My DH and I have been through some bumpy times lately, life just got off tangent a bit. He was having a lot of success while I was having none, we didn't like where we lived and he was anxious for a new job and I was anxious for a different life. Just NQR but not miserable. I often wanted alone time b/c I was irritable and being alone made me not so irritable-I was already up against the wall with Life and his dirty socks on the floor or watching two football games at once was even more annoying.

    Two weeks ago he got a different job and yesterday he left to start that job, 400 miles away.

    In the last couple weeks we've gotten along better than ever before, on the same page and working on a new thing together, adventure and change. My irritations (and his) were no longer the straw that broke the camel's back, they were back to being minor irritations like they should be.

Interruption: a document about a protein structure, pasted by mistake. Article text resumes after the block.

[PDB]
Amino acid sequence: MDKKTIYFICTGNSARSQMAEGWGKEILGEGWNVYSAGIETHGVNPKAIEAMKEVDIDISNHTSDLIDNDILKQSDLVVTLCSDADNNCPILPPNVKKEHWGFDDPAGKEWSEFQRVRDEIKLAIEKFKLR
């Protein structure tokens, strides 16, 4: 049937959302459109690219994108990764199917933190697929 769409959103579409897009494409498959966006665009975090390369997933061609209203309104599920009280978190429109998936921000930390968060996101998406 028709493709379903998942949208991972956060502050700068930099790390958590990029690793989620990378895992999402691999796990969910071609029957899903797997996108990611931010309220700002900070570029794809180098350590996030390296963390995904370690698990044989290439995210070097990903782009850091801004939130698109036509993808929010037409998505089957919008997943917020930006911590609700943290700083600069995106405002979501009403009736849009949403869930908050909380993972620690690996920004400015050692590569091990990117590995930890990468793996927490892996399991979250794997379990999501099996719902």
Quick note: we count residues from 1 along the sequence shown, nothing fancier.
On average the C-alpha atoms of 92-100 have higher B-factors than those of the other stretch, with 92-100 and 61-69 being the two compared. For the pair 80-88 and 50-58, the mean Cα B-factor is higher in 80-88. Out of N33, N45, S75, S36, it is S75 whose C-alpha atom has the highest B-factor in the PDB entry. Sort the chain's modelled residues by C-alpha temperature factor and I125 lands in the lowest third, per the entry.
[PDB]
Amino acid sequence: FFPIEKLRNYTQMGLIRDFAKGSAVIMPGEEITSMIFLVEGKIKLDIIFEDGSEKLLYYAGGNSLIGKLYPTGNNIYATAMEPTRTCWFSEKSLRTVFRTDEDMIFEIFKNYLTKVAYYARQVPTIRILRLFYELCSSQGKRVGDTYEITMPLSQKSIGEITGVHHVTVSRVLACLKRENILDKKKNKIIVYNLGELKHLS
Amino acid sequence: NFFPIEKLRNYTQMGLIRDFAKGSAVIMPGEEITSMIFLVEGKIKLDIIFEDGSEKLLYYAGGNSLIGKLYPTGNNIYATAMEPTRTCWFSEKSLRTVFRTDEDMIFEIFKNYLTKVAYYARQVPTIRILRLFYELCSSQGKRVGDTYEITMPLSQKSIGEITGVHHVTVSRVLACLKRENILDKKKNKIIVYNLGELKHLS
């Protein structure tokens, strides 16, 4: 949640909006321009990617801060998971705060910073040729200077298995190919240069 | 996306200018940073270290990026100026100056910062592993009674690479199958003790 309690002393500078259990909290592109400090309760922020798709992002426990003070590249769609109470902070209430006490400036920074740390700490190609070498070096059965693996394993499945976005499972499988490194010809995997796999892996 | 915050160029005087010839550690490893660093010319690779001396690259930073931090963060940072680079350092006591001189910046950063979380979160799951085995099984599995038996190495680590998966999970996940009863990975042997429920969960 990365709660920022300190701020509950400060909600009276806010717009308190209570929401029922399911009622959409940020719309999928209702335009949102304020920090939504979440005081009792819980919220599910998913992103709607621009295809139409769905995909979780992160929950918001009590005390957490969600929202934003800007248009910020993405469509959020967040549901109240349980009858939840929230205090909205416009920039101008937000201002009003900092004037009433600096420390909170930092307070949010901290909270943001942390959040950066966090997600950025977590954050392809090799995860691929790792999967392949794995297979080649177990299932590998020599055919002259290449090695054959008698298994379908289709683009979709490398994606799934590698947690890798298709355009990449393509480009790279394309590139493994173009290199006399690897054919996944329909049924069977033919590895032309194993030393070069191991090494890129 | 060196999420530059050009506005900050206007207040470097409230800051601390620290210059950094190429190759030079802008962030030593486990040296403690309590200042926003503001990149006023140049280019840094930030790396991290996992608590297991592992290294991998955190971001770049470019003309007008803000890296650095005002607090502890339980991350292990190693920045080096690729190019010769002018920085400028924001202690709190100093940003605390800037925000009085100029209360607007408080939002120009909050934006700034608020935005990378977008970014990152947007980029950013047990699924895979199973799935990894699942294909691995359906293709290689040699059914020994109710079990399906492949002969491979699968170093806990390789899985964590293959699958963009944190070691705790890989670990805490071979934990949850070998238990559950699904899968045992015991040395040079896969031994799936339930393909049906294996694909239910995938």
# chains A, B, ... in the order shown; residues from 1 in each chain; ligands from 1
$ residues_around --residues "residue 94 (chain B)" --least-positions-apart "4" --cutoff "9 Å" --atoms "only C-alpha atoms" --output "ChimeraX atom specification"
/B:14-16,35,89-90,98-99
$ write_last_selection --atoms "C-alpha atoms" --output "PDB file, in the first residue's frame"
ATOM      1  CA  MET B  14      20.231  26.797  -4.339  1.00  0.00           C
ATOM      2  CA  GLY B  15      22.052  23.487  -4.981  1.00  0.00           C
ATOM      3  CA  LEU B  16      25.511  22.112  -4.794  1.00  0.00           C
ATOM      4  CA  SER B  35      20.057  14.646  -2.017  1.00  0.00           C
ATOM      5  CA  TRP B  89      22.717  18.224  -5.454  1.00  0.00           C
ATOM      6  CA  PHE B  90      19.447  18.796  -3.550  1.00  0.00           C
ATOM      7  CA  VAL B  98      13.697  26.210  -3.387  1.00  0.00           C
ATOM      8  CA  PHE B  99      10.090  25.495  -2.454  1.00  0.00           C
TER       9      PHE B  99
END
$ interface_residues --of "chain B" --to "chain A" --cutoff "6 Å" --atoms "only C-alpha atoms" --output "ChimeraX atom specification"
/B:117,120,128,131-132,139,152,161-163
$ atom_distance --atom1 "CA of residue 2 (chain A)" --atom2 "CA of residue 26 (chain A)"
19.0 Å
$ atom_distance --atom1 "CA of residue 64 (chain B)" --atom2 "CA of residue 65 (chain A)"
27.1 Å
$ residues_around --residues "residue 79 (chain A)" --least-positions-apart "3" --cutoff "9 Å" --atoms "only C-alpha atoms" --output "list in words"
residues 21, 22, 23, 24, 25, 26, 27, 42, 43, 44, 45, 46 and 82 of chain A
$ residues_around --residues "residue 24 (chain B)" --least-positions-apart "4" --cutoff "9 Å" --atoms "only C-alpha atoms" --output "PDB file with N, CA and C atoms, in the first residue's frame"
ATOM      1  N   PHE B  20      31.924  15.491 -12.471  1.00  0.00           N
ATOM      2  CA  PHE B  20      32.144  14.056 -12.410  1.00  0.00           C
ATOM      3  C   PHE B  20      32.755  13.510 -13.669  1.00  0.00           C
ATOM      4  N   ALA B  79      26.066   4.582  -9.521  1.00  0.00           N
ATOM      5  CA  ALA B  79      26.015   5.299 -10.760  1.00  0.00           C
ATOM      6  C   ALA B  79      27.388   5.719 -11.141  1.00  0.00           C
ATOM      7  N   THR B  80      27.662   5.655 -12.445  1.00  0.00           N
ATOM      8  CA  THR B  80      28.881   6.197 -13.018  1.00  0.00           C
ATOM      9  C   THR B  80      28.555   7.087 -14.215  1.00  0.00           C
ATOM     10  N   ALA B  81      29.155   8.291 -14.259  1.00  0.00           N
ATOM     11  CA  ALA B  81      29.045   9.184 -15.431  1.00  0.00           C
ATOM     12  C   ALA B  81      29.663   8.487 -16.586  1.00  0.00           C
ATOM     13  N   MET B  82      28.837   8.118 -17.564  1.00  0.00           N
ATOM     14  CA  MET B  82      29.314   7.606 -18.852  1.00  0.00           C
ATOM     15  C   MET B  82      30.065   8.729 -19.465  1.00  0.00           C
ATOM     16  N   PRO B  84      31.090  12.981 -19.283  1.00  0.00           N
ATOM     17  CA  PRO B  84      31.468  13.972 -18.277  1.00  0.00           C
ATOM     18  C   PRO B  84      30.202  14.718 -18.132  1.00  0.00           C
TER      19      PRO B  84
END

Today is my first full day of PLENTY of alone time-we'll live apart for maybe the next six months. Ironic that now I don't feel like I want the alone time but I know it will be good for us in the long run.

    So the moral of the story, wanting alone time can be anything from being an independent person living with other people or needing to escape a bad situation even for just a little while.

    To me, wanting to be with your hubby and enjoying that time together is the sign of an extremely happy and healthy relationship. When I'm like that with my DH is when we're at our best.



  9. #9
    Join Date
    Sep. 16, 1999
    Location
    Ohio: Charter Member - COTH Hockey Clique & COTH Buffy Clique